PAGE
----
In No Simple Way Home, Rebecca Nyandeng de Mabior is referred to as Mother of the Nation. She joined the Sudan People’s Liberation Army and the Sudan People’s Liberation Movement (SPLM) during what is often referred to as the Second Sudanese Civil War, which lasted more than two decades from 1983 to 2005. In the documentary, she states that she wanted to help her husband, John Garang de Mabior, who founded the SPLM in 1983. But, beyond that, she was convinced that she had to contribute to liberating the people of the South (of Sudan) from an oppressive regime. She continued her fight after the death of her husband in 2005. After South Sudan achieved independence in 2011, she continued to fight for democracy. She says, “Because I was part of the struggle, I wanted to be also part of the nation-building” as a citizen of South Sudan. In claiming her citizenship, she also asserts her political legitimacy. Like many women politicians in Africa, Rebecca Nyandeng de Mabior is keenly aware of the significance of her visibility, her strong voice in South Sudan politics, and the responsibility that comes with that. Her fight for democracy led her to be forced into exile in 2013 after criticising the SPLM leadership, which she says is doing worse to the people of South Sudan than what “the enemy” did. She loudly declares, “I will not keep quiet.” She demonstrates a strong sense of responsibility because she does not make excuses for herself, often referring to the leadership she criticises as “we” and “us”. And by using “we” and “us”, she also places herself at the centre of the country’s political narrative.

Njinga: Queen of Angola (Portuguese: Njinga: Rainha de Angola) is a 2013 Angolan historical epic film directed by Sérgio Graciano.

Like many women politicians in Africa, Rebecca Nyandeng de Mabior is keenly aware of the significance of her visibility, her strong voice in South Sudan politics, and the responsibility that comes with that: “I am a role model to the young ladies.” She sees it as her responsibility to show young women that they, too, can claim their political legitimacy and be leaders. She echoes the voices of many African women politicians who point out that women are often pushed towards underfunded departments, such as those dealing with women’s affairs, gender and social welfare. But she believes these departments are essential too, and a concern for people’s welfare can enhance a politician’s popularity and visibility.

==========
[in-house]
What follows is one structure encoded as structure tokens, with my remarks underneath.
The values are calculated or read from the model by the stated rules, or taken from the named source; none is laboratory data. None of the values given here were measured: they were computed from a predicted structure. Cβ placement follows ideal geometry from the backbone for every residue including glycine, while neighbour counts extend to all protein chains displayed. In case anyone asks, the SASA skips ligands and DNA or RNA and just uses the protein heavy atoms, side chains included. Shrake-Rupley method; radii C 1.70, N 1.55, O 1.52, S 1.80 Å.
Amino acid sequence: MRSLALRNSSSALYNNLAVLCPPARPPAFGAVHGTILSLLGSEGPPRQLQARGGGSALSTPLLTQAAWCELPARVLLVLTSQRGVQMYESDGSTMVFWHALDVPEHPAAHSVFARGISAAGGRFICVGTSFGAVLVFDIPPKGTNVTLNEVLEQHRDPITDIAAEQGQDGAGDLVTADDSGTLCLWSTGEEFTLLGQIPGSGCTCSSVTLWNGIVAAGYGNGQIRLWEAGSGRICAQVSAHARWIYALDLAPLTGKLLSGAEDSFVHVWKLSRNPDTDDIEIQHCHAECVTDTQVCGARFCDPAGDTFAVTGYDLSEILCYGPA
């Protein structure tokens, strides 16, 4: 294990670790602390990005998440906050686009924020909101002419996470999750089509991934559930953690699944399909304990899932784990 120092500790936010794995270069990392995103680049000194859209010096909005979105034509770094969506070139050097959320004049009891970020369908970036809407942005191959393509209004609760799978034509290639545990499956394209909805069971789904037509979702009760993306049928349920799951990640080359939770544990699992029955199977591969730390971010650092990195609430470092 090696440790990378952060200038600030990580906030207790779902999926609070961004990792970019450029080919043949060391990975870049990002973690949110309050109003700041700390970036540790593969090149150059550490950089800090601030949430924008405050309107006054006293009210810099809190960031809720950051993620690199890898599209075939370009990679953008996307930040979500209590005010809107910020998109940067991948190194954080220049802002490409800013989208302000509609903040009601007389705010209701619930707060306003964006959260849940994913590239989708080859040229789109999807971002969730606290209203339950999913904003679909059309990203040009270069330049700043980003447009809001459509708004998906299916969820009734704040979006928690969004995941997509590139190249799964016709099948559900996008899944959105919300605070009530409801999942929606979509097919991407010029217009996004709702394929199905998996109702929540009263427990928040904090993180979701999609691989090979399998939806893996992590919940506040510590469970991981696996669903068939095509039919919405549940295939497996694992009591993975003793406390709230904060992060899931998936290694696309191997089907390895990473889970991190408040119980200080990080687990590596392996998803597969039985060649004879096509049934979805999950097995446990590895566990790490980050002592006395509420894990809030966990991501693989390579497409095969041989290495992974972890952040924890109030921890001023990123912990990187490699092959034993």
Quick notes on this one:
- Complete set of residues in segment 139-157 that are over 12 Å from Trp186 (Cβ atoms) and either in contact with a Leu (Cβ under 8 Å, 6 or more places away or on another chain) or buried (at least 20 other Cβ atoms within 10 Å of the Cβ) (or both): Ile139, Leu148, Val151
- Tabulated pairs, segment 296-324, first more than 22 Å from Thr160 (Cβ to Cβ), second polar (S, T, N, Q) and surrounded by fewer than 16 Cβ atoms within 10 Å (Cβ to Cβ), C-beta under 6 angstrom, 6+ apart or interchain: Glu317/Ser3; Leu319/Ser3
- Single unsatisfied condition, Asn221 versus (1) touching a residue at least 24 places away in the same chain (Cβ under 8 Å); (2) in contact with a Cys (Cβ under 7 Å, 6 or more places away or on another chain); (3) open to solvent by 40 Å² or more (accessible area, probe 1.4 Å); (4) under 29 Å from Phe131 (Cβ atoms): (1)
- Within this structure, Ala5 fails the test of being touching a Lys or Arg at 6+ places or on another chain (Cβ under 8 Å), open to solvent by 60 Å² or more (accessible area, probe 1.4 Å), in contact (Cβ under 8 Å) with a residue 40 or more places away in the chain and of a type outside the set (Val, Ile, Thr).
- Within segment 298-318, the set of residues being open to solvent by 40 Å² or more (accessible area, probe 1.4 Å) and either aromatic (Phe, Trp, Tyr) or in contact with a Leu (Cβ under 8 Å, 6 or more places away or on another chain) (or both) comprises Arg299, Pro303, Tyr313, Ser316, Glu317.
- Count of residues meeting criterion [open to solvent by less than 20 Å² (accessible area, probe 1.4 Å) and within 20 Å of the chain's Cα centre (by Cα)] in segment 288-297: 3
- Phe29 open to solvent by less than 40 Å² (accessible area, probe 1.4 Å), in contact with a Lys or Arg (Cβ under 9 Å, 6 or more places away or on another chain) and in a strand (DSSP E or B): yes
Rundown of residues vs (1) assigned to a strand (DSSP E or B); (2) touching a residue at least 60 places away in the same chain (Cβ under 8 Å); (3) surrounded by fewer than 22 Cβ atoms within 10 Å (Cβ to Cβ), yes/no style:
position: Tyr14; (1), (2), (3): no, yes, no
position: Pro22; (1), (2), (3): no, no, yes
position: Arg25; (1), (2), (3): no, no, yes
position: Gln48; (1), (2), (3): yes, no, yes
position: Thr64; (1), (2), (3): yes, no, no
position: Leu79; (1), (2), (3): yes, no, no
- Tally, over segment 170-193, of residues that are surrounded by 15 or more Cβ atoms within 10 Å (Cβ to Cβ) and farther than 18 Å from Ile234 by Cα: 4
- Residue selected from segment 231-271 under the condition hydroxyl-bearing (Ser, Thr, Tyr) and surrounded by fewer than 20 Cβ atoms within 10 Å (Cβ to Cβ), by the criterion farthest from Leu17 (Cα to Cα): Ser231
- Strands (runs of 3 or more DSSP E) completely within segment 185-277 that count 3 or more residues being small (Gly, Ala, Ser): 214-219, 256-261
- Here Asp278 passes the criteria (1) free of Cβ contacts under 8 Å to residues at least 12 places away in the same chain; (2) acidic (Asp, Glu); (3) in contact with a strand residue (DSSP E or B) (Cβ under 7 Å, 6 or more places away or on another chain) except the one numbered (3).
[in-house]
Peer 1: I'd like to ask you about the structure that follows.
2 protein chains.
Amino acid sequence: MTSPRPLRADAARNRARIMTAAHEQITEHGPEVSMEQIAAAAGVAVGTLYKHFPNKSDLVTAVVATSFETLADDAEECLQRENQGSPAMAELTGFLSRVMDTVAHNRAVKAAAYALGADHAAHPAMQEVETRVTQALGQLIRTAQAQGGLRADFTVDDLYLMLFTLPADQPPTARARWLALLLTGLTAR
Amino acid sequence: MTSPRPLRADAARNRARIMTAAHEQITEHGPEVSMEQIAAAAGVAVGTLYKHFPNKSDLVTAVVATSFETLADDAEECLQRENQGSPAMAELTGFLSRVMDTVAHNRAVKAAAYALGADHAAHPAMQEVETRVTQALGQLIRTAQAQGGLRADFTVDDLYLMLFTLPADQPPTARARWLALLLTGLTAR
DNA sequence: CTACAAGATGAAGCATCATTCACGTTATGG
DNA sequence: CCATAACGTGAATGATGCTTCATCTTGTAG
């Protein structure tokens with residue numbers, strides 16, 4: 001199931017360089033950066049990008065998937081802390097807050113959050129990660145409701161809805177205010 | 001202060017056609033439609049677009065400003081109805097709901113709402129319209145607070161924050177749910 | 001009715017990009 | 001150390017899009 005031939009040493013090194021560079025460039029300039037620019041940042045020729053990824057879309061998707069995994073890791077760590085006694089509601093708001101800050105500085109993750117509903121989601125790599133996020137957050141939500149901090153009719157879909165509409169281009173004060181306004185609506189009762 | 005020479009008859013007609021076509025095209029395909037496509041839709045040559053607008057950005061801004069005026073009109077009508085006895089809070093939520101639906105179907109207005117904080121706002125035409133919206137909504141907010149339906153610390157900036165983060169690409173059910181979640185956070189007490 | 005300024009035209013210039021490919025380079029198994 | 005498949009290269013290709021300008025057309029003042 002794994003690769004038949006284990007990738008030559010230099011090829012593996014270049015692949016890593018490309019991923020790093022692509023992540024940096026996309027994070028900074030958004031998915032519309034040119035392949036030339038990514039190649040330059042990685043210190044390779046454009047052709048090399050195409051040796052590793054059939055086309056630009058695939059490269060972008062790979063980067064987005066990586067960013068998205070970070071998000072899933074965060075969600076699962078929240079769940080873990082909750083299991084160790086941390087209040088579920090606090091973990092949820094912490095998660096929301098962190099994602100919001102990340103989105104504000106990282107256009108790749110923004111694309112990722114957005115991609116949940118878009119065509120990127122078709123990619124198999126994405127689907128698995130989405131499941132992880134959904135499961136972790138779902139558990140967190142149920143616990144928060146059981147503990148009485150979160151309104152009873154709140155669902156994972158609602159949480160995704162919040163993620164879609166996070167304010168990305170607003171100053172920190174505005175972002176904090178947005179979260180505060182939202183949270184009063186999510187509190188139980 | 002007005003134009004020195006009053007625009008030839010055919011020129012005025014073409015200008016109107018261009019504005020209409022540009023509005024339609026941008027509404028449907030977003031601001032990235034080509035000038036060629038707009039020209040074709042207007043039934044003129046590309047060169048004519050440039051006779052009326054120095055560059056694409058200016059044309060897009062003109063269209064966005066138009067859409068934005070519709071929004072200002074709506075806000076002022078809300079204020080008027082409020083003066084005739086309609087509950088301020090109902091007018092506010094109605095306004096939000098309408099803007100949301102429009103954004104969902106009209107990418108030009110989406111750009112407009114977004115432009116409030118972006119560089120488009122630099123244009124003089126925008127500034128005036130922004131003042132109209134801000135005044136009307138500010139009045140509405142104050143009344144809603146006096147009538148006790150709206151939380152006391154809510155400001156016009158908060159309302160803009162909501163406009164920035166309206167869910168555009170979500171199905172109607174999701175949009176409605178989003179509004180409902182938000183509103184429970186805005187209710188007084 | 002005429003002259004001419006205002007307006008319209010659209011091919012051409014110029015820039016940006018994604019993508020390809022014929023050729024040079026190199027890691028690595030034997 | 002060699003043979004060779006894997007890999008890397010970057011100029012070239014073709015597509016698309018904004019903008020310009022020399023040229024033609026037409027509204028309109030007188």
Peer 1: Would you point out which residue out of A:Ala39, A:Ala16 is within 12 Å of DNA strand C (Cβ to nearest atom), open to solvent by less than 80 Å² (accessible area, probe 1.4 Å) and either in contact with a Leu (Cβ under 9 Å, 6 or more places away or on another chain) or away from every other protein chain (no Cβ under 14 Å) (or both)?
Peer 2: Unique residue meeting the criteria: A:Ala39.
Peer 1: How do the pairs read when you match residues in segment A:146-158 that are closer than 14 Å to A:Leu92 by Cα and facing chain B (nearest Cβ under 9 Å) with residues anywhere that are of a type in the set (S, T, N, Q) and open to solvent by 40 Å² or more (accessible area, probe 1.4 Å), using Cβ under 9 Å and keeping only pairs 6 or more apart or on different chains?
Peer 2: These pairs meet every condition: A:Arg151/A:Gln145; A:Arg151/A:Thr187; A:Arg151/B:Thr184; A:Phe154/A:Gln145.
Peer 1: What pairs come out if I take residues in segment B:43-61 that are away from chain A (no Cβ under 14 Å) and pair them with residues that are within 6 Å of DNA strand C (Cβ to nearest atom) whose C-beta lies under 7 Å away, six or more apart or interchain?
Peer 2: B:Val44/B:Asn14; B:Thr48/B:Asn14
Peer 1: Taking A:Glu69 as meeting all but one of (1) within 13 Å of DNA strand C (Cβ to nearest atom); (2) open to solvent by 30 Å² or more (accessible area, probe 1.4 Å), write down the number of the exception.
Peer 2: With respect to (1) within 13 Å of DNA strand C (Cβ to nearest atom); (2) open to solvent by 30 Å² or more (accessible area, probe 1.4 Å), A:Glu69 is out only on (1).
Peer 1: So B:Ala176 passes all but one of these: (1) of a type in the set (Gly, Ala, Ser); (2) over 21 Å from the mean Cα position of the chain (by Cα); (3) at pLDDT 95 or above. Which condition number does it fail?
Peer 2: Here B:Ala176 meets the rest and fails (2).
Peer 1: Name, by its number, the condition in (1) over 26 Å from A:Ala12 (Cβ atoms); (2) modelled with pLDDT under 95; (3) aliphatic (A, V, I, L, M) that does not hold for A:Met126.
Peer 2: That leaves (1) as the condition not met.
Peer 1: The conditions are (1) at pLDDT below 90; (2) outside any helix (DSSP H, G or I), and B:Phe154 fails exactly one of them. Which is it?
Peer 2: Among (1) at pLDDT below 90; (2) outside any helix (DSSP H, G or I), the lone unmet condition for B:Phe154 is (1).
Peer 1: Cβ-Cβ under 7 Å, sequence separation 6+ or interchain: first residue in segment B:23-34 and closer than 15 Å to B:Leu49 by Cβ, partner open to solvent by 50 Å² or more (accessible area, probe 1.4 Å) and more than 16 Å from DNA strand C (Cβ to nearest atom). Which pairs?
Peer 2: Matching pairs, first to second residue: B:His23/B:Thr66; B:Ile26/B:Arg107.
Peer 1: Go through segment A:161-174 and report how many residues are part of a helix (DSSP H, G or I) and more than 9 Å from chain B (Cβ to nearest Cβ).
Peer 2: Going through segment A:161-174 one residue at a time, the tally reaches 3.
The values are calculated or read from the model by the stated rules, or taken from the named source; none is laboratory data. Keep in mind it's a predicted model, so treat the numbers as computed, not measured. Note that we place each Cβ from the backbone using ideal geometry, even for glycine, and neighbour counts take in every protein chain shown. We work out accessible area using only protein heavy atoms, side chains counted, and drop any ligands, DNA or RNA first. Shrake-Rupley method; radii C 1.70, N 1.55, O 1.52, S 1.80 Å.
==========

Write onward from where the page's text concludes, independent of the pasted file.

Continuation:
Through meaningful representations of their presence and voices in the media, it is becoming increasingly clear that African women are agents in nation-building rather than mere recipients of state policies. Their increasing visibility in politics could potentially contribute to democracy by enhancing the plurality of political voices.

Norita Mdege
Research Fellow at the Gender Centre
Geneva Graduate Institute

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BOX | A Brief History of Coups in Africa

A coup d’état (literally a “strike against the state”) is an unconstitutional or enforced overthrow of a government through force of arms by the military or by armed rebel groups. There have been over 200 coups in Africa since the 1960s, with an average of 20 successful coups each decade between the 1960s and the 1990s. Indeed, by the 1980s, about 90% of African states had experienced a successful coup or an attempted putsch. Only a few countries, such as Botswana, Cape Verde, Eritrea, Malawi, Mauritius, Namibia or South Africa, have enjoyed unbroken democratic growth since independence.

The post-Cold War liberal turn reinstated a revival of interest in liberal democracy and an imposed dose of neoliberal structural adjustment programmes (SAPs). Many African countries – already plagued by what historian Paul Nugent has termed as a “fatigue” with the misrule of “men in uniform” – embraced liberal democracy for its promises of rule of law, good governance and constitutionalism. By the year 2000, almost every African country had held elections, and from the 2000s until recently, Africans enjoyed a relatively more stable experiment with democratisation despite sporadic episodes of violent reprisals.


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BOX | A Brief History of Democracy in Africa